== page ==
An Inventory of the Historical Monuments in Dorset, Volume 1, West. Originally published by Her Majesty's Stationery Office, London, 1952.
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56 LEWESTON (E.b.)
(O.S. 6 in. XII, S.W.)
Leweston is a very small parish 3 m. S. of Sherborne. The chapel and Leweston House are the only monuments.
(1) Chapel of the Holy Trinity stands just N.E. of Leweston House. It was built in 1616 by Sir John Fitzjames on the site of an earlier building and is, with its fittings, an interesting example of 17th-century ecclesiastical work.
Architectural Description—The Chapel (32¾ ft. by 17¼ ft.) has an E. window of three pointed lights with vertical uncusped tracery in a two-centred head with moulded reveals and label. In the N. wall is one and in the S. wall are two windows each of three four-centred and graduated lights with moulded reveals and label stepped up over the middle light. The W. doorway has moulded jambs and four-centred arch in a square head. In the W. gable is a round window, now blocked; the moulded label has roses as stops and above it is a shield with the date 1616. On the gable and corbelled out to the E. and W. of it is a stone bell-cote with a gabled roof; the side walls have strapwork panels and the E. and W. ends are open and have three rosettes in the gable; the ends of the side walls form fluted pilasters.
The West Porch is gabled towards the W. The S. wall has a doorway with moulded jambs and four-centred arch in a square head with a label and returned stops; above it is a panel, with a label, enclosing a cartouche-of-arms of Fitzjames and the words "Trinite Chappel" in an enriched border; above the panel is a string-course with jewel ornament and a frieze enriched with swags and other enrichments and with the letters "Sir Io. F." for Sir John Fitzjames; the parapet above has a semi-circular central pediment with a ball-terminal and enclosing a lozenge with the initials Ihs and other enrichments.
The Roof of the chapel is of pointed barrel-form with moulded plates, purlins and principals forming six bays; there are bosses at the intersections carved with foliage, shields of the arms of Fitzjames and the letters Ihs. The roof of the porch is of similar form and has two foliage-bosses.
Fittings—Communion Table: modern, but incorporating some early 17th-century panelling. Door: In W. doorway, modern but incorporating original lock. Floor-slab: In chancel—to Sir George Strode, Serjeant at Law, 1701, with achievement-of-arms. Font: In porch—with hemispherical bowl and cylindrical stem with moulded capital and base, 13th-century. Gallery: In porch—to support clock of 1616, now renewed, gallery carried on moulded beams and joists, with low panelled front on outer face. Glass: In windows— running inscription beginning on N. side, but all renewed except one small quarry, inscription reads— "Johannes Fitz James me struxit in honorem Sanctæ Trinitatis pro antiqua capella dilapidata per multos annos huic domui pertinenti". Panelling: In chancel— round walls to a height of 6½ ft. with moulded cornice and fluted Ionic pilasters at the angles and at W. end of side-walls; in middle of E. wall, three pilasters, two fluted and the middle one enriched, supporting three enriched frieze-panels, and between them two large rosettes. In nave—round walls to a height of 5½ ft. with moulded cornice, seven pilasters on each side-wall and pilasters flanking W. doorway. In porch—round clock-weight pit, with fluted corner-post. Pulpit: (Plate 101) hexagonal with two ranges of enriched and carved panels and enriched cornice; standard, in angle of chancel at back, of two bays with two ranges of panels, lower with enriched arches and dolphins and upper with strapwork; sounding-board, hexagonal with moulded cornice, pendants at angles, soffit with radiating panels and pendant in middle; clerk's desk in front of pulpit, on enriched feet, front with three enriched Ionic pilasters supporting a bracketed entablature with enriched frieze-panels and enriched bookrest, ends with fluted pilasters and similar frieze panels; enclosure of stair to pulpit, with enriched upper panel to door. Seating: In nave—twelve benches and two desks with panelled backs and moulded rails, bench-ends with rounded shoulders and circular heads, faces of bench-ends and heads carved with geometrical designs.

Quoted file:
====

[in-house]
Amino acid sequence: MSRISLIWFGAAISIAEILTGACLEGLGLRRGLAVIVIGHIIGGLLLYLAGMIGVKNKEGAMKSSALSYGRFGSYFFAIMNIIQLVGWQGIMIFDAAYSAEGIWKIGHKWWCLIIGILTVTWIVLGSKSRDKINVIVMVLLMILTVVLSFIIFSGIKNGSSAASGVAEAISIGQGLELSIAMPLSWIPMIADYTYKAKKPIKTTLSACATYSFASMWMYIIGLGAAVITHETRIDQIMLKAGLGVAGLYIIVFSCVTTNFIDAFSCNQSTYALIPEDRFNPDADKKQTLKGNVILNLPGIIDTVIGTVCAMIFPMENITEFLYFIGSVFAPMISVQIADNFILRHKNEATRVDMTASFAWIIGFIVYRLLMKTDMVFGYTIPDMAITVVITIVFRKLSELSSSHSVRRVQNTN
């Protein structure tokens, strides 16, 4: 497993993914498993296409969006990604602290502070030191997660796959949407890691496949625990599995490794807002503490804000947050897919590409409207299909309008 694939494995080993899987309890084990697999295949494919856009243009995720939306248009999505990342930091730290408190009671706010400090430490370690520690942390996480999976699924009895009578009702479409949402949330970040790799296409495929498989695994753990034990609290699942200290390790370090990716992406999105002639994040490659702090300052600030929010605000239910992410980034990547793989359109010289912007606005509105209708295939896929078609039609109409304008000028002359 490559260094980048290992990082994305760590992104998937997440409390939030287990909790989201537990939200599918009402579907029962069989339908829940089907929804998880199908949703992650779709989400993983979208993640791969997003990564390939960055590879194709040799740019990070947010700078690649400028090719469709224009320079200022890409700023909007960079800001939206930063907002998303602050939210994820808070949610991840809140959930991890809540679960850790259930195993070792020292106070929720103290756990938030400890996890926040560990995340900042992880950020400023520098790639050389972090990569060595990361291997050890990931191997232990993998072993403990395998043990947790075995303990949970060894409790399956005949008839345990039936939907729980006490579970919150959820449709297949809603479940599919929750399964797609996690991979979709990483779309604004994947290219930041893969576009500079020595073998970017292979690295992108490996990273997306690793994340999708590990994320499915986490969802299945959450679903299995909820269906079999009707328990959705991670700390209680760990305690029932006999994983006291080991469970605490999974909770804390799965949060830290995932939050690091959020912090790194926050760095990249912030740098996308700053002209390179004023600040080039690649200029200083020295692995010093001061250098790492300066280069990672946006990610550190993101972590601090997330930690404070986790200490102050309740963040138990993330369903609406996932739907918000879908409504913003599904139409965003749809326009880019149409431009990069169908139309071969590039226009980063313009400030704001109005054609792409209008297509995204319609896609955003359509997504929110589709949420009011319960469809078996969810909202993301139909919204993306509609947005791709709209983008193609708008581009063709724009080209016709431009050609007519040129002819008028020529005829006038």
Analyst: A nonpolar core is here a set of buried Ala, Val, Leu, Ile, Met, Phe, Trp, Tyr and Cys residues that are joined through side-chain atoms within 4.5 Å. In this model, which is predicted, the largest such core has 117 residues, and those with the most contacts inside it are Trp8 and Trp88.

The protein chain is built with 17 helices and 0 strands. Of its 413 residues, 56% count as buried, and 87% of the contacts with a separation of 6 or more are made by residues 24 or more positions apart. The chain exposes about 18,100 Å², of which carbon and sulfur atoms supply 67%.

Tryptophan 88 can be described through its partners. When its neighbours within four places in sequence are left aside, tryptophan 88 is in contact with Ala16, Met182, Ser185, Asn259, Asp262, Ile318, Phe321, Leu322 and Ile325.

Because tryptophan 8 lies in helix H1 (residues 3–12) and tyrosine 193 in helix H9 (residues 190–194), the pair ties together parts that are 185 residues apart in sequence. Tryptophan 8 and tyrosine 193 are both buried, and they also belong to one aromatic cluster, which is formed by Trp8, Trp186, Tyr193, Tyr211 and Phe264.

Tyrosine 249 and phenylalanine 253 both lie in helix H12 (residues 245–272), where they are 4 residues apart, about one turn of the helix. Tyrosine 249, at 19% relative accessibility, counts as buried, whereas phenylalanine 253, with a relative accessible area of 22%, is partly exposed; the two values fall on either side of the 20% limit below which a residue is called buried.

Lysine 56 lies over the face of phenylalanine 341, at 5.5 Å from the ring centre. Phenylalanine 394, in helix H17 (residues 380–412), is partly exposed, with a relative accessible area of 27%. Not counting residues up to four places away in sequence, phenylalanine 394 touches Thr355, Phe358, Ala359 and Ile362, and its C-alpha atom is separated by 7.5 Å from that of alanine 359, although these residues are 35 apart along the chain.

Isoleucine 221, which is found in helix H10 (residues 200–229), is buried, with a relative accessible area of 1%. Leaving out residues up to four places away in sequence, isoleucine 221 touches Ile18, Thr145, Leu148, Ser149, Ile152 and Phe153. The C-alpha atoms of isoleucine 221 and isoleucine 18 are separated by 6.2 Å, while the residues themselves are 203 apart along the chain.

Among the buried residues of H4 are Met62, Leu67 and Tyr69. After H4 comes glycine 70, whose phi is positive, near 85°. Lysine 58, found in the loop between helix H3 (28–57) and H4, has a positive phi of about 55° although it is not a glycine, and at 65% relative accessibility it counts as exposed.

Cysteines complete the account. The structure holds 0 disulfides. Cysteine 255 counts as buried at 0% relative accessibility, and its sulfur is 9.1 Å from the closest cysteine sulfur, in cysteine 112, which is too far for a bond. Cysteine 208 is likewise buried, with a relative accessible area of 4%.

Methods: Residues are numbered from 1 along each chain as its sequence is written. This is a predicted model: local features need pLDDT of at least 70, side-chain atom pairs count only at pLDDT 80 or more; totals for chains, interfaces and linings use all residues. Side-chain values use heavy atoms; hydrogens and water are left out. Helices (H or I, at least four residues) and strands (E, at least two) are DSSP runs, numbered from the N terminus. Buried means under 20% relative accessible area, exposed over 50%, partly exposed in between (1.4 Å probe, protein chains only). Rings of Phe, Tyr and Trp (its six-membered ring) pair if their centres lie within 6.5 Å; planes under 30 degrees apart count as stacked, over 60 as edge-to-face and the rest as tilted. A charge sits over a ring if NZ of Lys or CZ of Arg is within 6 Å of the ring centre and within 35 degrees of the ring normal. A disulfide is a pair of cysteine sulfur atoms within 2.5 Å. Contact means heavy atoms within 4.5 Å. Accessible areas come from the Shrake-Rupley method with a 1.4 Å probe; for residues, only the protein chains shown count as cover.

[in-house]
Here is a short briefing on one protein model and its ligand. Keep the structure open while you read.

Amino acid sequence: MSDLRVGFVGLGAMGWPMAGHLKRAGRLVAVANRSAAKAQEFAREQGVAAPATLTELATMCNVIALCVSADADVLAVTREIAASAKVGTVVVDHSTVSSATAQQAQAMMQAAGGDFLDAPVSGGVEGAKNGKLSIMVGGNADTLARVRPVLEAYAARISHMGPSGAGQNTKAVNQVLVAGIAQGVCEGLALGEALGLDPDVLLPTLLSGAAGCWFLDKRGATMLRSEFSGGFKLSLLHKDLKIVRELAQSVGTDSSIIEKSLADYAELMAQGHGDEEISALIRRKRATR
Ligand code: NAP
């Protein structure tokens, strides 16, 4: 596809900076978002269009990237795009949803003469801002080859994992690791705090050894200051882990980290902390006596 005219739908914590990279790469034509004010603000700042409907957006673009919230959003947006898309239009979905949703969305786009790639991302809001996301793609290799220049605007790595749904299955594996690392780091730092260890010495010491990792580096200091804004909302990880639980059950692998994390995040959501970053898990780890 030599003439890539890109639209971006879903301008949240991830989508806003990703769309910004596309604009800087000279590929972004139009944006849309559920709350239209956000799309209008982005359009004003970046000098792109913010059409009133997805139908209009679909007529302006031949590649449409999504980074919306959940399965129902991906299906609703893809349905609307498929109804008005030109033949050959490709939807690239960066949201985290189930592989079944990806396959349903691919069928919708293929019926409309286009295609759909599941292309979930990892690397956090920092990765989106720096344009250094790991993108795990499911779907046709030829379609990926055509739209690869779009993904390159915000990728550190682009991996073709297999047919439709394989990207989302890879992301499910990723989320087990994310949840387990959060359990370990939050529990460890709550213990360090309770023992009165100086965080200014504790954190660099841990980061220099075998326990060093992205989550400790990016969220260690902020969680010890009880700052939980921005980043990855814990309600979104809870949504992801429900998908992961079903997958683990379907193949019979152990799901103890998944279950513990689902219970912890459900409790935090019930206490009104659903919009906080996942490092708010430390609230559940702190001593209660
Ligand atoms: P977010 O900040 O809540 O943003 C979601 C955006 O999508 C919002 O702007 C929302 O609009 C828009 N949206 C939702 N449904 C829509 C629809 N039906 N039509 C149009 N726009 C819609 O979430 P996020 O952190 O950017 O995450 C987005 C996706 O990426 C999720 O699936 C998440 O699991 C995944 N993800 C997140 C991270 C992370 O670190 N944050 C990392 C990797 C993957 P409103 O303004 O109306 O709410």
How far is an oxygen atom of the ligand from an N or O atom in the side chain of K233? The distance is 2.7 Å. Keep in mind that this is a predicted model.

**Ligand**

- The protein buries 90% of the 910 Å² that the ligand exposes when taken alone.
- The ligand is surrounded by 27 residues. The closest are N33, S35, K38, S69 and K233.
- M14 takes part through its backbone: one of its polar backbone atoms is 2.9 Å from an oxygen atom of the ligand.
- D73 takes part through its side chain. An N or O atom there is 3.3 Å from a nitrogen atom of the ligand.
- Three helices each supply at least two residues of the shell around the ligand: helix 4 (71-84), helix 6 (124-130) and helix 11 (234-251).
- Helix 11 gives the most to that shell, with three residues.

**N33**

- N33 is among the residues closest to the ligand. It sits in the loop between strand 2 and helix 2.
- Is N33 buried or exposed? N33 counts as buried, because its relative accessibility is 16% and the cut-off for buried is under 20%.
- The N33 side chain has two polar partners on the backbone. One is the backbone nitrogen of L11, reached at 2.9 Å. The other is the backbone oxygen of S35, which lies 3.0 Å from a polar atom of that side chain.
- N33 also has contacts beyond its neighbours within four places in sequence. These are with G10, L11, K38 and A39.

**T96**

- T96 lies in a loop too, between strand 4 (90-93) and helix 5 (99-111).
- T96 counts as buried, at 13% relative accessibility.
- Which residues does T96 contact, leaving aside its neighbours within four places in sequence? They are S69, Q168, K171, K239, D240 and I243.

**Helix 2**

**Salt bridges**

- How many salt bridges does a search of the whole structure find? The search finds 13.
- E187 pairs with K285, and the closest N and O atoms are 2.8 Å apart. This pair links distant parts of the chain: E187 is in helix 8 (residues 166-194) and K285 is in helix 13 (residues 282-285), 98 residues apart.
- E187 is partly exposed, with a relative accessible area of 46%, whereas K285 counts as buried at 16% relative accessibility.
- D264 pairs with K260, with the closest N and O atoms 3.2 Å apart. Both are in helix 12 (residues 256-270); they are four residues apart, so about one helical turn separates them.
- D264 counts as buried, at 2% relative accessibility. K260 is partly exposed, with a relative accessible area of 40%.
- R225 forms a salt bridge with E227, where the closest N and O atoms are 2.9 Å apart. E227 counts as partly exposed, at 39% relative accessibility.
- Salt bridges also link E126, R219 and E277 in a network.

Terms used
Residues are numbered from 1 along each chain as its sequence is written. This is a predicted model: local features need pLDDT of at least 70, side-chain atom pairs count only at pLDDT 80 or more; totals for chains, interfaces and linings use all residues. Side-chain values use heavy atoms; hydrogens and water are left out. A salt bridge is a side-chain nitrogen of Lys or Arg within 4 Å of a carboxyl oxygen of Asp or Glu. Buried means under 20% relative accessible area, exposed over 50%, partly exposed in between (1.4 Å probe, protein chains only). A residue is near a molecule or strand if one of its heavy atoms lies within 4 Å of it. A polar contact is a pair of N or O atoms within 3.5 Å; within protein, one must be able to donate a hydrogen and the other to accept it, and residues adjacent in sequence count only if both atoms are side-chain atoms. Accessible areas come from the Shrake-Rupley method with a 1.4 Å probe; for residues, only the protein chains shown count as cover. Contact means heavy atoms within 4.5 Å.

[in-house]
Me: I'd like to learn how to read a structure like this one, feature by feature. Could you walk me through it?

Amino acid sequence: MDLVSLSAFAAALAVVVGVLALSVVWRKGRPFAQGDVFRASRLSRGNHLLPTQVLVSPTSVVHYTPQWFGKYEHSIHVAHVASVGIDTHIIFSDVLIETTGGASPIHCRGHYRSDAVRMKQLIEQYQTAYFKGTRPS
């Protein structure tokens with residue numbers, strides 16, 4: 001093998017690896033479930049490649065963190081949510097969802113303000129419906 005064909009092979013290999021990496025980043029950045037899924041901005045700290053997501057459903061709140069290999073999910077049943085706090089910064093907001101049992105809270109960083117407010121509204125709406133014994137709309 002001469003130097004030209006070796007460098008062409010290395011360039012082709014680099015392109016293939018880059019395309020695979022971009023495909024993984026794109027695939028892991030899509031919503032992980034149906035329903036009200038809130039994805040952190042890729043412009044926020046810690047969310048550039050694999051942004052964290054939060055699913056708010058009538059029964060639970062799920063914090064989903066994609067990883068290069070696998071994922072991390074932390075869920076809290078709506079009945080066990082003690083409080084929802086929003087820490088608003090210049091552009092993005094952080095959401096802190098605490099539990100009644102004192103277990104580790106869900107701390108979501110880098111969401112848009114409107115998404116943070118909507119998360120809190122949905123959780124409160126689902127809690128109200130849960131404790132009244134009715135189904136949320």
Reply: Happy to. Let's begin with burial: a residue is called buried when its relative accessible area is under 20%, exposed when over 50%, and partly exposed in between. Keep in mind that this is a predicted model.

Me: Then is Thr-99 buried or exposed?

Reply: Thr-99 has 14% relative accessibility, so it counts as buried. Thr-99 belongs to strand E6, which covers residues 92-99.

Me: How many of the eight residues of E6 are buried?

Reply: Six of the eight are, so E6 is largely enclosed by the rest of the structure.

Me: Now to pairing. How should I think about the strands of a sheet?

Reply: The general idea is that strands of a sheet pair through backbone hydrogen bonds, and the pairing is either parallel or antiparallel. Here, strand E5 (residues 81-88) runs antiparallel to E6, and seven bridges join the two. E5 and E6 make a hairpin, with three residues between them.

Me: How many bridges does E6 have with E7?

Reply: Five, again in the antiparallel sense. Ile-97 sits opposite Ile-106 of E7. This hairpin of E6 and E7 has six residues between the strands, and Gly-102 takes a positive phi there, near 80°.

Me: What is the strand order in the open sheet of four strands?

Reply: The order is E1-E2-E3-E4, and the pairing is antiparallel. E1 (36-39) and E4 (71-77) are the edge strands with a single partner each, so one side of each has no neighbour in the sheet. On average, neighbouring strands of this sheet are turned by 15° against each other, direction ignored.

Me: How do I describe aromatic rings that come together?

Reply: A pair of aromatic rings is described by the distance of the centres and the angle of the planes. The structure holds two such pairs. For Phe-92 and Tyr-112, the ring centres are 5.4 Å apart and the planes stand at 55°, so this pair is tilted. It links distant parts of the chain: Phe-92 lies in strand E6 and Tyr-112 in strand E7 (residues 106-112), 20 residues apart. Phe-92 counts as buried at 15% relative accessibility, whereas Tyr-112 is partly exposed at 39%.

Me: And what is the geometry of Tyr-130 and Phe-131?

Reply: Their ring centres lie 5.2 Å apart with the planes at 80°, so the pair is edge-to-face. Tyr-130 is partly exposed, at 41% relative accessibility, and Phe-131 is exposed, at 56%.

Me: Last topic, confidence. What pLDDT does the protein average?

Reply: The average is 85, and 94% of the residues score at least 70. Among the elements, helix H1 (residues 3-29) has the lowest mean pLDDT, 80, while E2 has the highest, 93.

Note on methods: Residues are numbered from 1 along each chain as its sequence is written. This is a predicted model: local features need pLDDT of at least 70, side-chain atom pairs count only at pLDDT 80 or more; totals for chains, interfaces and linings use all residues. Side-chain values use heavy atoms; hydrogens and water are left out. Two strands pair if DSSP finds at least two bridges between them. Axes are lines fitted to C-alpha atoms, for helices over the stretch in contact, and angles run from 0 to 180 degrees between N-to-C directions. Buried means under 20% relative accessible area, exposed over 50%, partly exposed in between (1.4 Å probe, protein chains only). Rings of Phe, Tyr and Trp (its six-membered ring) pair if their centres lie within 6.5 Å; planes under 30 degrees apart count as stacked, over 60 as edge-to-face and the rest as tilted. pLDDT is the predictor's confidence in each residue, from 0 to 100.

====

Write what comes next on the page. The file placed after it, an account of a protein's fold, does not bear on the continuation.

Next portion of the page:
(2) Leweston House, 30 yards S.W. of the chapel, is of two storeys with basements; the walls are of ashlar. It was built probably about the end of the 18th century for William Gordon who died in 1802, replacing an older house which was standing in 1774; shortly before 1938 it was completely remodelled internally. The house is rectangular on plan with shallow project ing bays in the middle of the E., N. and S. sides; there is a N. porch. A number of bay-windows have been inserted during the recent alterations, and the W. and N.W. wings are modern. The elevations are of symmetrical design with stone plinth, round-headed windows, entablature with deep frieze and balustraded parapet with ball-finials; the projecting bays on the N. and S. fronts finish in pediments which break through the parapet, that to the north containing a cartouche-of-arms of Fletcher quartering Wansey, granted 1868. The entrance to the porch is flanked by fluted pilasters with cornice, balustrade and urns. The interior of the house retains no original features.